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Intel Pentium 4 @ 3.06GHz with Hyper-Threading - Features of the Pentium 4

The Pentium 4 processor at 3.06GHz is here and it certainly means business not only breaking the impressive 3GHz barrier but sporting a new technology called Hyper-Threading (HT). Wouldn't it be nice to have dual processing support from a single processor? Well in theory, at least, you can with the latest processor from Intel. Read on as Cameron "Sov" Johnson takes us on a discovery of the Pentium 4 3.06GHz processor to determine whether or not HT and a little extra core speed boast is worth our upgrading dollars or not!

| Intel CPUs in CPUs, Chipsets & SoCs | Posted: Nov 13, 2002 5:00 am
TweakTown Rating: 9.5%Manufacturer: Intel

Features of the new Beast

 

While we have given you an explanation in our past Pentium 4 reviews on what this processor has in the way of new features over the Willamette, Pentium 3 and Athlon XP processors, we feel that opening two reviews at once is a hassle. So here it is for you again, and for those of you who haven't seen a Pentium 4 review before, here is your chance to brush up on what everyone is talking about.

 

- Cache Increase over Willamette

 

The Intel Pentium 4 Northwood CPU has stepped up the L2 cache from 256KB of Advanced Transfer Cache, or ATC as it is known, to 512KB, running at the same speed as the CPU core. This gives the Northwood a clear advantage for high memory usage, especially when using DDR SDRAM and SDRAM model mainboards. While the L2 cache has grown over the Pentium 4 Willamette processor, the L1 cache has remained the same size.

 

- Netburst Bus Interface now at 533Mhz

 

For most of the past three years, Intel has been relying on the P6 bus used by the current P3 and Celeron range. While this bus has been easy to overclock and very stable, it doesn't have the scalability that is required for future processors. Intel finally decided to step away from the P6 architecture and introduced the new Pentium 4 400MHz QDR FSB. The well-known 'FSB' of Pentium 3 is clocked at 133 MHz and able to transfer 64-bits of data per clock, offering a data bandwidth of 8 bytes * 133 million/s = 1,066 MB/s. The Pentium 4's system bus is only clocked at 100 MHz and also 64-bit wide, but it is "Quad Data Rate" using the same principle as AGP 4x. The new bus can transfer 8 bytes x 100 million/s x 4 = 3,200 MB/s. This is obviously a tremendous improvement that even leaves AMD's EV6 bus far behind. The bus of the most recent Athlon is clocked at 133 MHz, 64-bit wide and "Double Data Rate", offering 8 bytes x 133 million/s x 2 = 2,133 MB/s. With the move to 533Mhz FSB, Intel has effectively increased the CPU to System communications bus to 4.2GB/s, the fastest that any processor has ever been.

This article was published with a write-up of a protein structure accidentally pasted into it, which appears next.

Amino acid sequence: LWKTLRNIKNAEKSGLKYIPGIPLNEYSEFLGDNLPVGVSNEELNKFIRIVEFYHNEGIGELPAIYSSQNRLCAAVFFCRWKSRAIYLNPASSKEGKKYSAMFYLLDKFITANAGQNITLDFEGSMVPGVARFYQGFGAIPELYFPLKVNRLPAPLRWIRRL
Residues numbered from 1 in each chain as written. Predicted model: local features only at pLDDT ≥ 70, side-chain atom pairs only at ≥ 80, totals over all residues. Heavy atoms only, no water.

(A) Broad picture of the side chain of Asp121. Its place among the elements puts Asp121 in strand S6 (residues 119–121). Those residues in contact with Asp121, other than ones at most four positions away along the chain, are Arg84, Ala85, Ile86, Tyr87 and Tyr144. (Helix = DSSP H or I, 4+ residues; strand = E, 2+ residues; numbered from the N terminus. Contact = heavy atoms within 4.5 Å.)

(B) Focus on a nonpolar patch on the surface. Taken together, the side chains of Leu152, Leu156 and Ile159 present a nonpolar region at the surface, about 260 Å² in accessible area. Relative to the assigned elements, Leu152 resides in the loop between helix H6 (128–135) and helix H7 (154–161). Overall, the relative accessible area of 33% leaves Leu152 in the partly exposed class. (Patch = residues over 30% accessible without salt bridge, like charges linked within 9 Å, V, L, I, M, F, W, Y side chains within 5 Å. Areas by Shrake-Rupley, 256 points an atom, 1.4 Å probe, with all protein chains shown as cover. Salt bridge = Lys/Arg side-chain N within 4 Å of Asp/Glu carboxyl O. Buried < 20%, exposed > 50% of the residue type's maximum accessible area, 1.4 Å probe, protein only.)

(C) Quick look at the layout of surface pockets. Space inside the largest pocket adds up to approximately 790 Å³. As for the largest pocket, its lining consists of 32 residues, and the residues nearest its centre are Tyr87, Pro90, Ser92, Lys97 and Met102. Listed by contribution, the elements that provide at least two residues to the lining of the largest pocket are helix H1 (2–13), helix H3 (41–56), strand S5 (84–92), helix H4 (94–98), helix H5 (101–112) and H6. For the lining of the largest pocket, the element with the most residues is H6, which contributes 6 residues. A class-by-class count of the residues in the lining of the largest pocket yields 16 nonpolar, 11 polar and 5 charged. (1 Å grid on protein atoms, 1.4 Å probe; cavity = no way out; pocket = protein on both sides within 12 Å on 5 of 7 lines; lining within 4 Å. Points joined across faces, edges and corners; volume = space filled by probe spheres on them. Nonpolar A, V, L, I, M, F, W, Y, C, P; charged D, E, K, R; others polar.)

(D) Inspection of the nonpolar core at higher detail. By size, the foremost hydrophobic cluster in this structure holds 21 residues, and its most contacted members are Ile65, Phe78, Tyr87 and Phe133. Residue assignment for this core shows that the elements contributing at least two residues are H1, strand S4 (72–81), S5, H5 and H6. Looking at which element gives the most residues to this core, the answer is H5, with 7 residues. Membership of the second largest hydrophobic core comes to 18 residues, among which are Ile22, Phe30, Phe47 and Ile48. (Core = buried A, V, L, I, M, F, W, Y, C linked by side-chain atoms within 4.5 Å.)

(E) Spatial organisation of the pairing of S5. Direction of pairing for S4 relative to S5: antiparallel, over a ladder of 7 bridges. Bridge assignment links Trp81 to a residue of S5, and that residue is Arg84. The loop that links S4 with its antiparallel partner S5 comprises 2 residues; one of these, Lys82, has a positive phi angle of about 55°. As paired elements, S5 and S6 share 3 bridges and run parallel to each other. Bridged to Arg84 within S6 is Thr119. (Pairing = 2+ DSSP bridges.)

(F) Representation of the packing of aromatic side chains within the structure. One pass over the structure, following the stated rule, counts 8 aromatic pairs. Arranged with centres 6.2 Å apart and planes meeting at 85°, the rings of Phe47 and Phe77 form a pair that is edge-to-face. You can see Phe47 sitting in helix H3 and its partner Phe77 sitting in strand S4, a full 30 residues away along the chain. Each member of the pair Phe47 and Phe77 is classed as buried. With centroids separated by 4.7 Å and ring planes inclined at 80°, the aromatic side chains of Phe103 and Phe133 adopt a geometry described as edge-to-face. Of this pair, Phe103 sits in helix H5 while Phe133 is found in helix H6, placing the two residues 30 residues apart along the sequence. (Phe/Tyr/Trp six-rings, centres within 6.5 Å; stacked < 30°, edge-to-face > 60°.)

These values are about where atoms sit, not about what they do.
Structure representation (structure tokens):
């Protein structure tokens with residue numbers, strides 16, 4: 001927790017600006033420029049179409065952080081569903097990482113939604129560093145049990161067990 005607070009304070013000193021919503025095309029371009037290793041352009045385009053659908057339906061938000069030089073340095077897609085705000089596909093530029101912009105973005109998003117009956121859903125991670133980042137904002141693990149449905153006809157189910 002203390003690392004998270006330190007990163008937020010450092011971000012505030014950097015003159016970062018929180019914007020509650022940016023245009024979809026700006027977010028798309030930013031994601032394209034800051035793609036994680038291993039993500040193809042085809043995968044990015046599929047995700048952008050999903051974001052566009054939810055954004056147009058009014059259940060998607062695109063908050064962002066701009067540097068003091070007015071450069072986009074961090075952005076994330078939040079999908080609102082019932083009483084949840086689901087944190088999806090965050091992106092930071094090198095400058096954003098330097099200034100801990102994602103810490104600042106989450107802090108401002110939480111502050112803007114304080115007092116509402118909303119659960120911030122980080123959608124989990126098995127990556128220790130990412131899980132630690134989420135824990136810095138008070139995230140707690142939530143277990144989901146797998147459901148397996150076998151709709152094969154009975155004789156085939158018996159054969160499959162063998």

Intel's Pentium 4 CPU is paired with the i850e chipset, a Dual Channel RDRAM solution. The i850 has two independent RDRAM channels, which can deliver up to 3.2GB/s max memory bandwidth when used with four RIMM modules. While RDRAM is able to produce such high bandwidth, its memory latency problems and high prices make it practically a dead issue for the home consumer. To this end, Intel and other third party vendors have started to produce SDRAM and DDR SDRAM solutions to provide the Pentium 4 with lots of memory bandwidth goodness. Introduction of the I845PE and GE have made the Intel Pentium 4 processor more affordable to the average user.

 

- Rapid Execution Engine

 

Another feature of the Pentium 4 which is unique to Intel is the Rapid Execution Engine, or REE for short. The REE works on the principal of two double pumped ALU's and two double pumped AGU's. This allows for the engine to process 2x the amount of a P3 or Athlon CPU. But the story looks a lot different for the instructions that cannot be processed by the rapid execution units. Those instructions, or µOPs, need to use the one and only slow ALU which is not double pumped. The majority of instructions need to use this path, which obviously sounds scary. However, the majority of code is in actual fact consisting of the most simple 'AND', 'OR', 'XOR', 'ADD' instructions making Intel's "Rapid Execution Engine" design sensible, though not particularly amazing. This feature has remained unchanged from the Willamette to the Northwood.

 

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